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Pressure pain threshold changes after repeated mechano-nociceptive stimulation of the trapezius muscle: possible influence of previous pain experience
Umeå University, Faculty of Medicine, Department of Community Medicine and Rehabilitation, Rehabilitation Medicine.
Umeå University, Faculty of Medicine, Department of Community Medicine and Rehabilitation, Rehabilitation Medicine.
2007 (English)In: Journal of Pain, ISSN 1526-5900, E-ISSN 1528-8447, Vol. 8, no 4, p. 355-362Article in journal (Refereed) Published
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Abstract [en]

We examined the relation between repeated noxious pressure over the trapezius muscle and changes in pressure pain thresholds (PPTs) in a before-after trial design. A conditioning series of 30 mechano-nociceptive stimuli was applied manually with a handheld algometer probe, and PPTs were measured over 1 trapezius muscle (skin anaesthetized) in 27 healthy women before and after the intervention. With a mean stimulation rate of 0.40 Hz and a mean nociceptive stimulation intensity of 1.78 x Threshold, subjects were found to systematically react with a change in PPT, either a decrease or an increase. Normalized data, transformed into mean unidirectional PPT differences, showed statistically highly significant changes after intervention. The relative risk of reacting with lowered PPTs on noxious stimulation was 3.7 times higher for subjects who had not given birth to children than for subjects who had given birth to 1 or several children (P <.046). When 11 subjects were tested at a second session, a clear correlation of PPT reactions (r = 0.527; P <.001) was found. In summary, repetitive mechano-nociceptive stimulation of the trapezius muscle in healthy females evokes moderate and temporary changes in PPT that last for at least 35 minutes after cessation of stimulation. Perspective: A possible development of the response with transiently decreased PPTs into a model for human muscle pain is an intriguing possibility, since other models usually involve the introduction of chemical or thermal agents in the muscle, but this must await further research.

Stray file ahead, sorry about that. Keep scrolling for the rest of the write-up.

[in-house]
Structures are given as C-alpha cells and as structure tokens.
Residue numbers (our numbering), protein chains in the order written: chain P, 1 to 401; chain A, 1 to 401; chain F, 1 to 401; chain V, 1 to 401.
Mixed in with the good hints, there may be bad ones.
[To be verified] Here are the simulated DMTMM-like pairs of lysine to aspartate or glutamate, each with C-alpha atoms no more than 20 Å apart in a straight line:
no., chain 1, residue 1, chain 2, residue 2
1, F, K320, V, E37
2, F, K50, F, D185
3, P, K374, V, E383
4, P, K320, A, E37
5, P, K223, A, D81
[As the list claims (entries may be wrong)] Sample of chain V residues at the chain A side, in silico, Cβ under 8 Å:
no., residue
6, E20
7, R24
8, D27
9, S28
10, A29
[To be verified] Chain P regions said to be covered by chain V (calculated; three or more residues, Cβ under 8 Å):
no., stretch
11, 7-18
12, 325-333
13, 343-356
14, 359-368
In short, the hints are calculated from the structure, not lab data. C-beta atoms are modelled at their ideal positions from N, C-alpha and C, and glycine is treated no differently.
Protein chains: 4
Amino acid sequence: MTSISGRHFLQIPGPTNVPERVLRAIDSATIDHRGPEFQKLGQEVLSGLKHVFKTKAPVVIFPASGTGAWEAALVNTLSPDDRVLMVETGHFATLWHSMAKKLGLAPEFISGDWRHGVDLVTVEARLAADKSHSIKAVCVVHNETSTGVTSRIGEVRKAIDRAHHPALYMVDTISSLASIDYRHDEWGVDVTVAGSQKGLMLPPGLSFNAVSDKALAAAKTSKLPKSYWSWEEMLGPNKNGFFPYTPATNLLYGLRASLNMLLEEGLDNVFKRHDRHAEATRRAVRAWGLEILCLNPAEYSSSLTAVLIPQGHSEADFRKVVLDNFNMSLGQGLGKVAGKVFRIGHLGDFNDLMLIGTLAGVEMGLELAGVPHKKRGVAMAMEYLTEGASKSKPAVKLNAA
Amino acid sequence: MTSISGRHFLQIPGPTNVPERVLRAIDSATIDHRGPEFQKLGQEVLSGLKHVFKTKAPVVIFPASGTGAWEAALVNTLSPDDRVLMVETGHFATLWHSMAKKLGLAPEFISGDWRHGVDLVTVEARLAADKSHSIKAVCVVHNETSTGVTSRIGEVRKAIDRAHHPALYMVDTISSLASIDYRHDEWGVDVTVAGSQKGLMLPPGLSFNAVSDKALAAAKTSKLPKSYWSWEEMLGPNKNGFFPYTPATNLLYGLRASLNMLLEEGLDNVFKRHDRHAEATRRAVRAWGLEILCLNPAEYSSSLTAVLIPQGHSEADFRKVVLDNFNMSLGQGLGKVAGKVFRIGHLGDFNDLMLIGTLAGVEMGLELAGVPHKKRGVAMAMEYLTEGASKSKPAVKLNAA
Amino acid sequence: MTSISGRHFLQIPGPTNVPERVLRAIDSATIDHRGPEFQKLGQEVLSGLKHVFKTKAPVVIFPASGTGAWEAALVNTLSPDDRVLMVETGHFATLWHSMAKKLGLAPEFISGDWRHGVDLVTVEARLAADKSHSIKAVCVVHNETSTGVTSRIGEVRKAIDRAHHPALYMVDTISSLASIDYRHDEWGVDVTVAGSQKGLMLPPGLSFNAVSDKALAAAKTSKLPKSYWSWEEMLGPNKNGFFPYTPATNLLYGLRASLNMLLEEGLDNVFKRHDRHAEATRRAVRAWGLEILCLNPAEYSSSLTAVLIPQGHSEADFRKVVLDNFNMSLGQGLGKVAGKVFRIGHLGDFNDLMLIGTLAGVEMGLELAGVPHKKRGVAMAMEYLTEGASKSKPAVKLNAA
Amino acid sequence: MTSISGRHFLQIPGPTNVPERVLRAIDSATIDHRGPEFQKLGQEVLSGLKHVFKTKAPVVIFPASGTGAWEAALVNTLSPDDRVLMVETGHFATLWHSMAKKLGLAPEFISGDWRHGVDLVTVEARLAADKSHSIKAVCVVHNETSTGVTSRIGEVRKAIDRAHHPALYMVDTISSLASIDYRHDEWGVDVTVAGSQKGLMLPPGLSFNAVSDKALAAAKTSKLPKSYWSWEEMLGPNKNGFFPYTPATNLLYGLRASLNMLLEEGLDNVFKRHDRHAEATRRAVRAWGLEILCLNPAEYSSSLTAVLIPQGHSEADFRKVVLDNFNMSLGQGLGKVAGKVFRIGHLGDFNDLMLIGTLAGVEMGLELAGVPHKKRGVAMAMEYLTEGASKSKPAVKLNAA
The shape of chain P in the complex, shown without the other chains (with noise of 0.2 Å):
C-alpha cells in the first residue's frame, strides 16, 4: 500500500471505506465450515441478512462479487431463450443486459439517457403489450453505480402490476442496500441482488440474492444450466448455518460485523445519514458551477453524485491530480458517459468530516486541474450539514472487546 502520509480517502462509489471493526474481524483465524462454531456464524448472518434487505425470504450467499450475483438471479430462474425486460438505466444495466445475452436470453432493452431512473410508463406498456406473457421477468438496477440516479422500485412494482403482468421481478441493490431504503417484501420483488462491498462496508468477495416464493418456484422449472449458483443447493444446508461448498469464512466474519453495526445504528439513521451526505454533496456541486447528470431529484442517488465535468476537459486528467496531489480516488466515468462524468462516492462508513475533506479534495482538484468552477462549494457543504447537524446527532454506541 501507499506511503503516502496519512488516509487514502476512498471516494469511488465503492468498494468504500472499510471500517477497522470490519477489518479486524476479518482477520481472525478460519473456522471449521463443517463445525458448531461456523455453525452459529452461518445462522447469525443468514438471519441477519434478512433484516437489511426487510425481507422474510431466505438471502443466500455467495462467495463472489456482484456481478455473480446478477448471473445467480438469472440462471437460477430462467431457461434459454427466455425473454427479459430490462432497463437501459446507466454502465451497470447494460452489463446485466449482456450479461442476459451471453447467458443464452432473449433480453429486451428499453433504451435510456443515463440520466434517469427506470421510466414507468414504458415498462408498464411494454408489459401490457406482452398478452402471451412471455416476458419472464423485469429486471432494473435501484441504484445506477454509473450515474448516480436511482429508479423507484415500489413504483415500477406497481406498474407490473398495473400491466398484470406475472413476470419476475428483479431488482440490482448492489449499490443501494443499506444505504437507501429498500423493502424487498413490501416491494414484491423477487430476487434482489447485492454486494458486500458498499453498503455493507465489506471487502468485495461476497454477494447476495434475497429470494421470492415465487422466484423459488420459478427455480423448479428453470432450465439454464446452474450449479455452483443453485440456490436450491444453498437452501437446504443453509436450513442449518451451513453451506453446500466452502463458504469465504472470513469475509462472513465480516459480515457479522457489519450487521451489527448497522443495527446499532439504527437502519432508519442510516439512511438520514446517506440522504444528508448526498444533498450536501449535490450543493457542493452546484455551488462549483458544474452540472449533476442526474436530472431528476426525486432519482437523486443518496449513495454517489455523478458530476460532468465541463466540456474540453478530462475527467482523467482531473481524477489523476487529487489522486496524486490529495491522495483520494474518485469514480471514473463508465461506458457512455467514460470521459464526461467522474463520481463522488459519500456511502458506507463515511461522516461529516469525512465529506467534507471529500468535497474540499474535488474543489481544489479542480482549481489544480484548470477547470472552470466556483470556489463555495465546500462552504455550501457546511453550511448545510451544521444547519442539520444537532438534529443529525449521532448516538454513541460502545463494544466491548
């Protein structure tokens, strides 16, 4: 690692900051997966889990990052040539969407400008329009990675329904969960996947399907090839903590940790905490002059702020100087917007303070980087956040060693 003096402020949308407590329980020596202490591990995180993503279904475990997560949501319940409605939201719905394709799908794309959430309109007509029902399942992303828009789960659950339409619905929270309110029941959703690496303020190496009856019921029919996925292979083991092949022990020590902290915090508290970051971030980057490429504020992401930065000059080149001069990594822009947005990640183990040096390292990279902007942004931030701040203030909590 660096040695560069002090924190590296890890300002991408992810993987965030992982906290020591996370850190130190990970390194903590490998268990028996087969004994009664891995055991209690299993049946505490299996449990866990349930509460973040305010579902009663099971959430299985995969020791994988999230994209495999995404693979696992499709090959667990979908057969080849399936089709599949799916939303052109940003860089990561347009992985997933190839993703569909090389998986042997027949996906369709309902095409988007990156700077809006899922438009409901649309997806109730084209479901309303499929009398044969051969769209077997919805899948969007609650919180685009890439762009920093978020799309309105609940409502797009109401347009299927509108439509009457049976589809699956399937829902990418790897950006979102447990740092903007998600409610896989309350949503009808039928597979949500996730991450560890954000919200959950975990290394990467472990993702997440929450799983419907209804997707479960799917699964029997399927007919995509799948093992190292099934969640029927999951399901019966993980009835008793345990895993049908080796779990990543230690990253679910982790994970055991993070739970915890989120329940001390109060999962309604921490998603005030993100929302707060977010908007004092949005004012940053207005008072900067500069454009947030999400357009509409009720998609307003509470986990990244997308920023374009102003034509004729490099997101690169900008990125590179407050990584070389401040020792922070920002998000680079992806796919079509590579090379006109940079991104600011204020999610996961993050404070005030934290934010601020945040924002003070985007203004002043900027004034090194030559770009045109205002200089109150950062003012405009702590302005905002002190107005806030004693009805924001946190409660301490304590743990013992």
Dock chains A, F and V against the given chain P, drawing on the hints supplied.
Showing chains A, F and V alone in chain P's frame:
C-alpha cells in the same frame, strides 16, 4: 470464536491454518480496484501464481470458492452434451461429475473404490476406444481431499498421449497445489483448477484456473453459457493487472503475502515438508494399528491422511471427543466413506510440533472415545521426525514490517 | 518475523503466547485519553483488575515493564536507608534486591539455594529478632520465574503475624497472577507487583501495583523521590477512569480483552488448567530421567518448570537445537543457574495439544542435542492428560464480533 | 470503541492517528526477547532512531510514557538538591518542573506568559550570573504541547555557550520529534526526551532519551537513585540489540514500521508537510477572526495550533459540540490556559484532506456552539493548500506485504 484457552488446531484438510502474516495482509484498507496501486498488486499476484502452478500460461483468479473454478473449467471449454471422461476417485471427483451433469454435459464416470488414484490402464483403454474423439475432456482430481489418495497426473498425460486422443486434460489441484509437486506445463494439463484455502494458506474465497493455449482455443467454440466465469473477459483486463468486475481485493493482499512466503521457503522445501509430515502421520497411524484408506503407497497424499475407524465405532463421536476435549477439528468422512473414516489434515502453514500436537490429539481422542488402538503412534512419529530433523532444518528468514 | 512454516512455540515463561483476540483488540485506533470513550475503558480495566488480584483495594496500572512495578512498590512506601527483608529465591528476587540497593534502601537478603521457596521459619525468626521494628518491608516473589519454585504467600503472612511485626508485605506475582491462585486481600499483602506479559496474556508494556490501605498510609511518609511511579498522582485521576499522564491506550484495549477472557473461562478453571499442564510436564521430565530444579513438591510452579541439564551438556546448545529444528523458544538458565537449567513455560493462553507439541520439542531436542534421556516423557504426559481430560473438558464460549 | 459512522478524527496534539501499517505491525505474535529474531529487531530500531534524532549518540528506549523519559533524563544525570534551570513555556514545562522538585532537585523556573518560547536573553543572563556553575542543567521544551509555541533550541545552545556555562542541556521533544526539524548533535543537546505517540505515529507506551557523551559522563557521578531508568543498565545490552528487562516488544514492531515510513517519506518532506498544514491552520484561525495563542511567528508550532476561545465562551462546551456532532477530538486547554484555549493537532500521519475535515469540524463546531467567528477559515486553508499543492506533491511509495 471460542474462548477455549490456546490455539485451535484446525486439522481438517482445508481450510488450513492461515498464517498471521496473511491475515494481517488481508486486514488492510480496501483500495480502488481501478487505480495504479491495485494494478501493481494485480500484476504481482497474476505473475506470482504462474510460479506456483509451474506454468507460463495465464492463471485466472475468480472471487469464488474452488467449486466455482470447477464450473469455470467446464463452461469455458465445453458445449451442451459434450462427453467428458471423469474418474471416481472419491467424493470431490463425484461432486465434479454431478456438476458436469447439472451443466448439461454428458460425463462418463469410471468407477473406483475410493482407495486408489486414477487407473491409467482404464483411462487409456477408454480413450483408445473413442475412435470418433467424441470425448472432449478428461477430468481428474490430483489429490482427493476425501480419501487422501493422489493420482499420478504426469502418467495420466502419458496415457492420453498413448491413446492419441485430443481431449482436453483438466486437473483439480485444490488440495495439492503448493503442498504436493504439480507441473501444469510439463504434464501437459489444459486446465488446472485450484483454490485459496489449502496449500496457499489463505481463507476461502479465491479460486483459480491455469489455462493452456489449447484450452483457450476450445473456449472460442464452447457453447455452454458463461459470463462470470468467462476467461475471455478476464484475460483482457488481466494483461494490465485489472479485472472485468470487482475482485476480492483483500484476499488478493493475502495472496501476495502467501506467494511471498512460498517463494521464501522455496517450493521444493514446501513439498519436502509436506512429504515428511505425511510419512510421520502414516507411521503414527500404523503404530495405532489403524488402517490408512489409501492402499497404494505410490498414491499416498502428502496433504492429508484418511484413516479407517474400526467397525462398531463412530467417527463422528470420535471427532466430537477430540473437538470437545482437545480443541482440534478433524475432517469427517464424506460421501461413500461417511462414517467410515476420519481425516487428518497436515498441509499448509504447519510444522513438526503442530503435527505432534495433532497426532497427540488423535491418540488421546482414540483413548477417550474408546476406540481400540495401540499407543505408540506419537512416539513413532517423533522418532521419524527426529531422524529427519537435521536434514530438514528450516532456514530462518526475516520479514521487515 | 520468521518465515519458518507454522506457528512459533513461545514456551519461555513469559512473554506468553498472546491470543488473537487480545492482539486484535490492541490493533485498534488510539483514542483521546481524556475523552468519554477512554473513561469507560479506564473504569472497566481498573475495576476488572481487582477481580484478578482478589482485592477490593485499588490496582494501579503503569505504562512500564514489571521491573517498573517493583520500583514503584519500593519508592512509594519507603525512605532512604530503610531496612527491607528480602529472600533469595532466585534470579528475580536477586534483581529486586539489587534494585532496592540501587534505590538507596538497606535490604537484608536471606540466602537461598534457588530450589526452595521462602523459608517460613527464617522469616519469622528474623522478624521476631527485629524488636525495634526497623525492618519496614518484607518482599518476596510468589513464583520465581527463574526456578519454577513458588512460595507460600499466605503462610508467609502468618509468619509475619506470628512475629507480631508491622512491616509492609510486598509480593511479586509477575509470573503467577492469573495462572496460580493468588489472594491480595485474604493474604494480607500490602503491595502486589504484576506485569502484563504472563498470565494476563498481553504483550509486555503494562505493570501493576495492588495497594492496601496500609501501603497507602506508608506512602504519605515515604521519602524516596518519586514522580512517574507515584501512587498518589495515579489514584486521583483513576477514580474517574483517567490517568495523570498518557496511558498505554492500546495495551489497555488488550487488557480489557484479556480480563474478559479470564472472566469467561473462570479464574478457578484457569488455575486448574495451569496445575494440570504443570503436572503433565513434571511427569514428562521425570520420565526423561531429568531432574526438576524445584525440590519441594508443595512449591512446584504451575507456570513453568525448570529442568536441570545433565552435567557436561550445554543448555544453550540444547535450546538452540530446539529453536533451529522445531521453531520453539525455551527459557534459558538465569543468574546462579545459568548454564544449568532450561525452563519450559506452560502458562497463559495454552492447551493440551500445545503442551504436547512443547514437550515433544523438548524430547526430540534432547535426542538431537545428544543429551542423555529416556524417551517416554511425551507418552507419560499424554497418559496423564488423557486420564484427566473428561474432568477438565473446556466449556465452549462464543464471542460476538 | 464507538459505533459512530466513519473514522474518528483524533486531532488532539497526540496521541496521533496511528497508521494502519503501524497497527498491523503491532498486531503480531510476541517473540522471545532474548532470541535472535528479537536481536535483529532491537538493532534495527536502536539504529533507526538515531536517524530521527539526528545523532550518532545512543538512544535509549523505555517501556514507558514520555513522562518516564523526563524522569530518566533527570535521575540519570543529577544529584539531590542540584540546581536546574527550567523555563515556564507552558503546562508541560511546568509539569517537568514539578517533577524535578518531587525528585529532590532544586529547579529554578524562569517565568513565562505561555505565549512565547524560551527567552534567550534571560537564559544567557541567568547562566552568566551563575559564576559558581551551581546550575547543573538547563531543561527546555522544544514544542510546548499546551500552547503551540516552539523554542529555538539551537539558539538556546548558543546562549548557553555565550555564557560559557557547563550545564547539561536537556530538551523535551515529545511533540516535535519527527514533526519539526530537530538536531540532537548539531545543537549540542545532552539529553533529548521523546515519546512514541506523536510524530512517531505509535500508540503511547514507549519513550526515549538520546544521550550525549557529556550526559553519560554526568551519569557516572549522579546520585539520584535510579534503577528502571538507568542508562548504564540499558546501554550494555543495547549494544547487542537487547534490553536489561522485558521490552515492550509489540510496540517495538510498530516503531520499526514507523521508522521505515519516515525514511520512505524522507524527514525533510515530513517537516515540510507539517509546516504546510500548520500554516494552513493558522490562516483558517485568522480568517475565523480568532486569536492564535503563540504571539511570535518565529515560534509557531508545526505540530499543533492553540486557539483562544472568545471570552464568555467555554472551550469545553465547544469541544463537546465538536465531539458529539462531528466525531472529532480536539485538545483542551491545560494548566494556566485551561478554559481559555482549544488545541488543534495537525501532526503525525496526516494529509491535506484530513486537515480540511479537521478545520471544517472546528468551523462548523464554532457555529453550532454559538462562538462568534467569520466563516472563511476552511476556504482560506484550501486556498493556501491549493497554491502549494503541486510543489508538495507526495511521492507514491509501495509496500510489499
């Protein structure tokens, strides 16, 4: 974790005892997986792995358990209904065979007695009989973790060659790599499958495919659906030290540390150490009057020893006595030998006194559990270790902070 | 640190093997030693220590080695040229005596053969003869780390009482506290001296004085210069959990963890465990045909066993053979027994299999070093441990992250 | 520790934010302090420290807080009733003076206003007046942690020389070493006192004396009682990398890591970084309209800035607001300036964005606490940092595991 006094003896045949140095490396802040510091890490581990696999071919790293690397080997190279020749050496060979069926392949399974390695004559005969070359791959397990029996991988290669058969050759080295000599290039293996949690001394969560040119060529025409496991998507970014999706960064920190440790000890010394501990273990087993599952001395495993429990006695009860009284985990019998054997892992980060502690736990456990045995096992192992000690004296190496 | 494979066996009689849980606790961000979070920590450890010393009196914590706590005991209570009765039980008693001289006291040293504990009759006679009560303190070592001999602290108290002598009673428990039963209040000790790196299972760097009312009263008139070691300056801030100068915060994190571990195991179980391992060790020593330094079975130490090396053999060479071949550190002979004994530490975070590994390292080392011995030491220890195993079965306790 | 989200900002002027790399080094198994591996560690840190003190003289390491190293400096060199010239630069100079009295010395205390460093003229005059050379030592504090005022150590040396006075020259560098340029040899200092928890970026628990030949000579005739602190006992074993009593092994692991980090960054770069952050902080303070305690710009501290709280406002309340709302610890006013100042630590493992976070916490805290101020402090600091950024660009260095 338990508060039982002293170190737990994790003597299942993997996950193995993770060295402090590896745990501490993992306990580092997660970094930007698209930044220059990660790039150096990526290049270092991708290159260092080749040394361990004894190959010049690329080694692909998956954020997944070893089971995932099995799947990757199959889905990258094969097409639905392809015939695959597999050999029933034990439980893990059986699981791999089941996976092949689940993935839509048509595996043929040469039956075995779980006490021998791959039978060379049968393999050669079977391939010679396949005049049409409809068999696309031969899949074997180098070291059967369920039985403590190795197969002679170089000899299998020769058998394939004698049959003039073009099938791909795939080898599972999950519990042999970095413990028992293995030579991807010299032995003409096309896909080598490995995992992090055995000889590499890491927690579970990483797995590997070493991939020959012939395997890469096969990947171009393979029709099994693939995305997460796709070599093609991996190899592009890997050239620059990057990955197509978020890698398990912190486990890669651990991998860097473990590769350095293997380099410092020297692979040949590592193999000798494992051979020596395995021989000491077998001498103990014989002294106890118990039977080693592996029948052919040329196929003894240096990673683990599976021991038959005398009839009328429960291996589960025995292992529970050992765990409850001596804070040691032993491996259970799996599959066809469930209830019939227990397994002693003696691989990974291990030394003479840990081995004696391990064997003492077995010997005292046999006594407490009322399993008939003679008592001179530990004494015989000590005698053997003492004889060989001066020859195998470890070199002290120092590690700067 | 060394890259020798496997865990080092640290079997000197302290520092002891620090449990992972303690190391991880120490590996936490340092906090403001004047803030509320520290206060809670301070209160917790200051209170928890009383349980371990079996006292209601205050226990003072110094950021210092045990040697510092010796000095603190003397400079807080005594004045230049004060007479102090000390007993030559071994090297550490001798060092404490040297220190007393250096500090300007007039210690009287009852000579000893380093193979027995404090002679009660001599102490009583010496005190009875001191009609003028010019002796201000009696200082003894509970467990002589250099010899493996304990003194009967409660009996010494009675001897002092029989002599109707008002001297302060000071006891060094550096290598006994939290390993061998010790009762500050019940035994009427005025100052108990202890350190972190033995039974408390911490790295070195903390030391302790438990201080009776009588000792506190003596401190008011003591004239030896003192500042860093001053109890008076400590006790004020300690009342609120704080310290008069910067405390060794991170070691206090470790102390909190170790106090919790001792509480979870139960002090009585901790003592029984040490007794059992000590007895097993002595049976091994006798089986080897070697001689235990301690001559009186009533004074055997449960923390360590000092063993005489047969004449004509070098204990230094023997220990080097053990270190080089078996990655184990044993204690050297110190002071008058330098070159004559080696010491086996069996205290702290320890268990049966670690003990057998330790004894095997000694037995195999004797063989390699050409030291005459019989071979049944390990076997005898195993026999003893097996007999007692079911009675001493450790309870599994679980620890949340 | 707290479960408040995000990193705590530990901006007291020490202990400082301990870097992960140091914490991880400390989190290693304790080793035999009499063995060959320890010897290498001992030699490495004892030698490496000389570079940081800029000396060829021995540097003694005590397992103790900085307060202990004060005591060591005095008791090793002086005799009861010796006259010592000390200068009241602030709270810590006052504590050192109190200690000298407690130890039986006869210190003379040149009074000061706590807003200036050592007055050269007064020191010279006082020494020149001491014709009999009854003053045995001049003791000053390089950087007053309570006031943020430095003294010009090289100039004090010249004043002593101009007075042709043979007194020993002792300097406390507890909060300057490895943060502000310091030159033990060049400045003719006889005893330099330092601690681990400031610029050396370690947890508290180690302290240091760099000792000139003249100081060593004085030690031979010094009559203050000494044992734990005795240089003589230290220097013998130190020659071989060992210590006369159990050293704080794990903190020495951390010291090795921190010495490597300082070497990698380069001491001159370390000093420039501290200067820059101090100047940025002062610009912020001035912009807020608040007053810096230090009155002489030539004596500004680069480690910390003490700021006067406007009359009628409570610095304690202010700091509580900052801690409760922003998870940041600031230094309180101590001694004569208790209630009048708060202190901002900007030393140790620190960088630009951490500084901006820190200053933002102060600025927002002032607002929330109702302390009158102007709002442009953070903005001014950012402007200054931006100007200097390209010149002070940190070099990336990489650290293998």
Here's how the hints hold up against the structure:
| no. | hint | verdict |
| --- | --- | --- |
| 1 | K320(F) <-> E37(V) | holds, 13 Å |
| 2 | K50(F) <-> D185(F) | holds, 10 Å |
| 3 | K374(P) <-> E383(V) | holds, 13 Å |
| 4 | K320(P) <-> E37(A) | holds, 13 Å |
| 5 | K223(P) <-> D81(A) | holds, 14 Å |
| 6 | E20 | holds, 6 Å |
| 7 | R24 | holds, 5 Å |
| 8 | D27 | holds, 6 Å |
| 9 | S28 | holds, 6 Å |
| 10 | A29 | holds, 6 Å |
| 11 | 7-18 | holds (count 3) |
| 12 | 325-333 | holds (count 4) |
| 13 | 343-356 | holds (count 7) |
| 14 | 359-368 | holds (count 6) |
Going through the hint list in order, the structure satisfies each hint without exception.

Place, publisher, year, edition, pages
Edinburgh: Churchill Livingstone , 2007. Vol. 8, no 4, p. 355-362
Keyword [en]
tenderness, pain threshold, women, human model, muscle
National Category
Neurology Neurosciences
Identifiers
URN: urn:nbn:se:umu:diva-118210DOI: 10.1016/j.jpain.2006.11.003ISI: 000246025800009PubMedID: 17223389OAI: oai:DiVA.org:umu-118210DiVA: diva2:918523
Available from: 2016-04-11 Created: 2016-03-14 Last updated: 2018-01-10Bibliographically approved

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